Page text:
Louise Weir

 

AFTERNOON NAP

SELF INITIATED BRONZE AWARD

PROFESSIONAL

2012 - IMAGES 36

Louise has worked as an Illustrator since graduating from St Martins School of Art with an MA in Illustration for a wide variety of clients in the UK and worldwide across all areas. Amongst others her clients include the Royal Mail, CDP advertising, The Ministry of Sound, Random House, and Time Out London. Her work has been discussed in many anthologies and journals. She works in her studio in London Fields Hackney.

“Afternoon Nap was produced as an image for the brochure of the Illustrative 2010 Berlin. I wanted to create an un-stereotypical response to the theme “British Urban spaces” by depicting a truly British moment. I wanted this image to have a dreamlike quality, be slightly unnerving with no obvious narrative, and one where the viewer is invited to finish the story.”

“Winning the Award was a great feeling, and a good talking point with clients. The show at Somerset House was a really enjoyable night. A great chance to meet friends and work colleagues, all the more so because it gave me the opportunity to have a chat with Andrew Conningsby, from Debut art who shortly after began to represent my work.”

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BRIEF: To respond to the theme of British Urban spaces for the Illustrative 2010 brochure/ exhibition.

MATERIALS: The artwork was painted with Golden acrylics on primed cartridge paper.

RESEARCH: I have a huge photographic resource in my studio full of photographs I have taken over the years. As soon as I received the brief I knew it was the opportunity to produce a painting I had wanted to do for some time based on a particular scene shot in Brighton.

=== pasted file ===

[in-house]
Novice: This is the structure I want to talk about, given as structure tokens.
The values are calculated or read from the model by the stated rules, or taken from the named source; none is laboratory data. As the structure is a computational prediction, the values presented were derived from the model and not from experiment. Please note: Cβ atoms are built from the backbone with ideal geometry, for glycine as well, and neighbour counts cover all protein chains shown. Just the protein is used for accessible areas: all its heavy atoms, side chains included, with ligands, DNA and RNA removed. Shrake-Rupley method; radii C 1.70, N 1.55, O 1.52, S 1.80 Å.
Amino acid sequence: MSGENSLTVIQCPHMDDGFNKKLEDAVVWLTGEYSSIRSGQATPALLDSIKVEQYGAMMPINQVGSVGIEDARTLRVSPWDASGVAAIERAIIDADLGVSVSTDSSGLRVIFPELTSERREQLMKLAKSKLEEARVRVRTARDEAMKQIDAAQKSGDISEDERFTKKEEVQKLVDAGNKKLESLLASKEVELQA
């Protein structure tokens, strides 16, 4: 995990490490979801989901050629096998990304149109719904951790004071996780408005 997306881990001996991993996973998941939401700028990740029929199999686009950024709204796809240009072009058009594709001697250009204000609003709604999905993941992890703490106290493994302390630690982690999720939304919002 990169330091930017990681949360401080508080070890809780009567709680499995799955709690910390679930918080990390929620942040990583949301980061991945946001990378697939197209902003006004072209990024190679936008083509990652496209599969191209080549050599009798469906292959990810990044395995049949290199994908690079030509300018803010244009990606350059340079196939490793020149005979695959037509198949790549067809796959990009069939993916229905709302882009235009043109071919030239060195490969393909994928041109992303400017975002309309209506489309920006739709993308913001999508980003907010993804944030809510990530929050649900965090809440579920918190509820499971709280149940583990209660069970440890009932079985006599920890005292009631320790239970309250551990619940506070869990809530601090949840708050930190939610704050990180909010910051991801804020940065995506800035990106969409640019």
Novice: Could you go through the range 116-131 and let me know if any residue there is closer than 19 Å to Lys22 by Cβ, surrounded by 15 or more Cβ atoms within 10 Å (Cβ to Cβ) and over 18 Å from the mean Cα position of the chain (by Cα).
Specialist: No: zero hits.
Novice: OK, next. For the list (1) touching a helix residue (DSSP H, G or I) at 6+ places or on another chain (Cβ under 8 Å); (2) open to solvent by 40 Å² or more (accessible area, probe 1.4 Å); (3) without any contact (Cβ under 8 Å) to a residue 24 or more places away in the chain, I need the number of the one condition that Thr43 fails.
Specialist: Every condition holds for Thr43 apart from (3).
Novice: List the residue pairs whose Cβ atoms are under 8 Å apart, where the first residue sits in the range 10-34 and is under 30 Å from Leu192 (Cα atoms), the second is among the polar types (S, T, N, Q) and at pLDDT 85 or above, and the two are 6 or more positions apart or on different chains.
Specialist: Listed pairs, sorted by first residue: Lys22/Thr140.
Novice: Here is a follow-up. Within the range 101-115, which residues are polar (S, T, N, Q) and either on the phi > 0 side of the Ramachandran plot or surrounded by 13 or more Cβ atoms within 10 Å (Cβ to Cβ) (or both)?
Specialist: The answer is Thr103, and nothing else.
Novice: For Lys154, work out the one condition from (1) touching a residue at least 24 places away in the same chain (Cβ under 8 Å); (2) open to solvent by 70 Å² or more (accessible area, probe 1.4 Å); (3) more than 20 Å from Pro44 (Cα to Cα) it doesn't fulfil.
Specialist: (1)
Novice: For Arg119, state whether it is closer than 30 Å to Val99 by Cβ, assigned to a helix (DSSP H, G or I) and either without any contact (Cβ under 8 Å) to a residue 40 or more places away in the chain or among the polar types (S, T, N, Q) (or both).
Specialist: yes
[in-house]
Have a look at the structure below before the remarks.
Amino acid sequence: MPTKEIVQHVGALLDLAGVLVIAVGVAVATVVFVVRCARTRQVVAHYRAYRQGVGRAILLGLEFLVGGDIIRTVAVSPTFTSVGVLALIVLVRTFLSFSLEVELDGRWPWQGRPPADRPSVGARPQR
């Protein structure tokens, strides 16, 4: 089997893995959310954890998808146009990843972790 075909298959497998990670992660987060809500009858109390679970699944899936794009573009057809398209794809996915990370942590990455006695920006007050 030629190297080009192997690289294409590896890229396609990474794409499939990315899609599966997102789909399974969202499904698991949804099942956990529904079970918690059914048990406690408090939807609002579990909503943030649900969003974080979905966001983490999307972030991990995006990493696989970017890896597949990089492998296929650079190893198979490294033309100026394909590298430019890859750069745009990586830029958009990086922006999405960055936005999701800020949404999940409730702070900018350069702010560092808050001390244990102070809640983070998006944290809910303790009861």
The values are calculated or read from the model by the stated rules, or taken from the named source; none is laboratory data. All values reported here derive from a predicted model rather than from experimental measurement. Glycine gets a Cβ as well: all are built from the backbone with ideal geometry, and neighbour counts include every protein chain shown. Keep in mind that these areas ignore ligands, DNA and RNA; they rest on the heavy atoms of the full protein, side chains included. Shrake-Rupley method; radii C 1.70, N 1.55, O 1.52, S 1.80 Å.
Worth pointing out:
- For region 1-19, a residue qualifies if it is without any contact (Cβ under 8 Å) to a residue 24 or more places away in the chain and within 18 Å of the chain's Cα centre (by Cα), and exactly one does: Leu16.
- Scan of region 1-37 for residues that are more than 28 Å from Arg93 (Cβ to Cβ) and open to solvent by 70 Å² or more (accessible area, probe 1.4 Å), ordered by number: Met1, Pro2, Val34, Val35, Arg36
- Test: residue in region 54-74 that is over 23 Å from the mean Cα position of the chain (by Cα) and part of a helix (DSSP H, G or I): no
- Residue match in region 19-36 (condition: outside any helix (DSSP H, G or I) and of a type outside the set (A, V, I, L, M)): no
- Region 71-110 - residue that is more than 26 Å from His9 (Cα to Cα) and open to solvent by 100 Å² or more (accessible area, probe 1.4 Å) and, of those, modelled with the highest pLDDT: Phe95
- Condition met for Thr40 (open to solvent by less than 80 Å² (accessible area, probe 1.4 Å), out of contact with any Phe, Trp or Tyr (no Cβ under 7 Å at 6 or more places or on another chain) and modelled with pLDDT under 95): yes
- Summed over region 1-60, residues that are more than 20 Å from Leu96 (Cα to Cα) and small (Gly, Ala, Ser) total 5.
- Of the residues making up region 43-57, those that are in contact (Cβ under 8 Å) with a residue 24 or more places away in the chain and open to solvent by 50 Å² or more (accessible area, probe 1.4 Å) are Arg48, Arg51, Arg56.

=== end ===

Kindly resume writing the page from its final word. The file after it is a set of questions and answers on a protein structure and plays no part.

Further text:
PROCESS: A large photographic print was produced for reference; the relevant areas from this were then mapped out onto paper according to a pencil rough.

The painting was then worked up in layers from light to dark, leaving the finest detail to the final stages.

RESISTANCES: There was no critical input except my own. Once I had the idea it was only a matter of sketching out the composition and deciding on a colour palette, then getting started. It was a completely un-art directed process within their deadline.

INSIGHT: If I have no concrete deadline then paintings always takes longer, as the temptation to continue working on a piece is quite strong. Also during this time other jobs came in which meant the painting then got put on hold until they were finished. That said at times it was beneficial to take a break and then start again with a fresh eye.

DISTRACTIONS: Once I actually get settled in the studio and get started there aren’t that many except making continual cups of tea and checking e-mails. Although there is always the temptation of an extended lunch or coffee break, if I can convince myself I deserve it, as London Fields has a plethora of cafes.

NUMBERS: 1 trip to Brighton 2 and a half years before, photographed 1 tower block, 1 old couple, 5 beach huts to make 1 painting.

FINAL THOUGHTS: I enjoyed everything about making this image, from taking the photo to painting the image and seeing it exhibited and printed in the catalogue. Winning the award was the cherry on the cake.

Weir Weir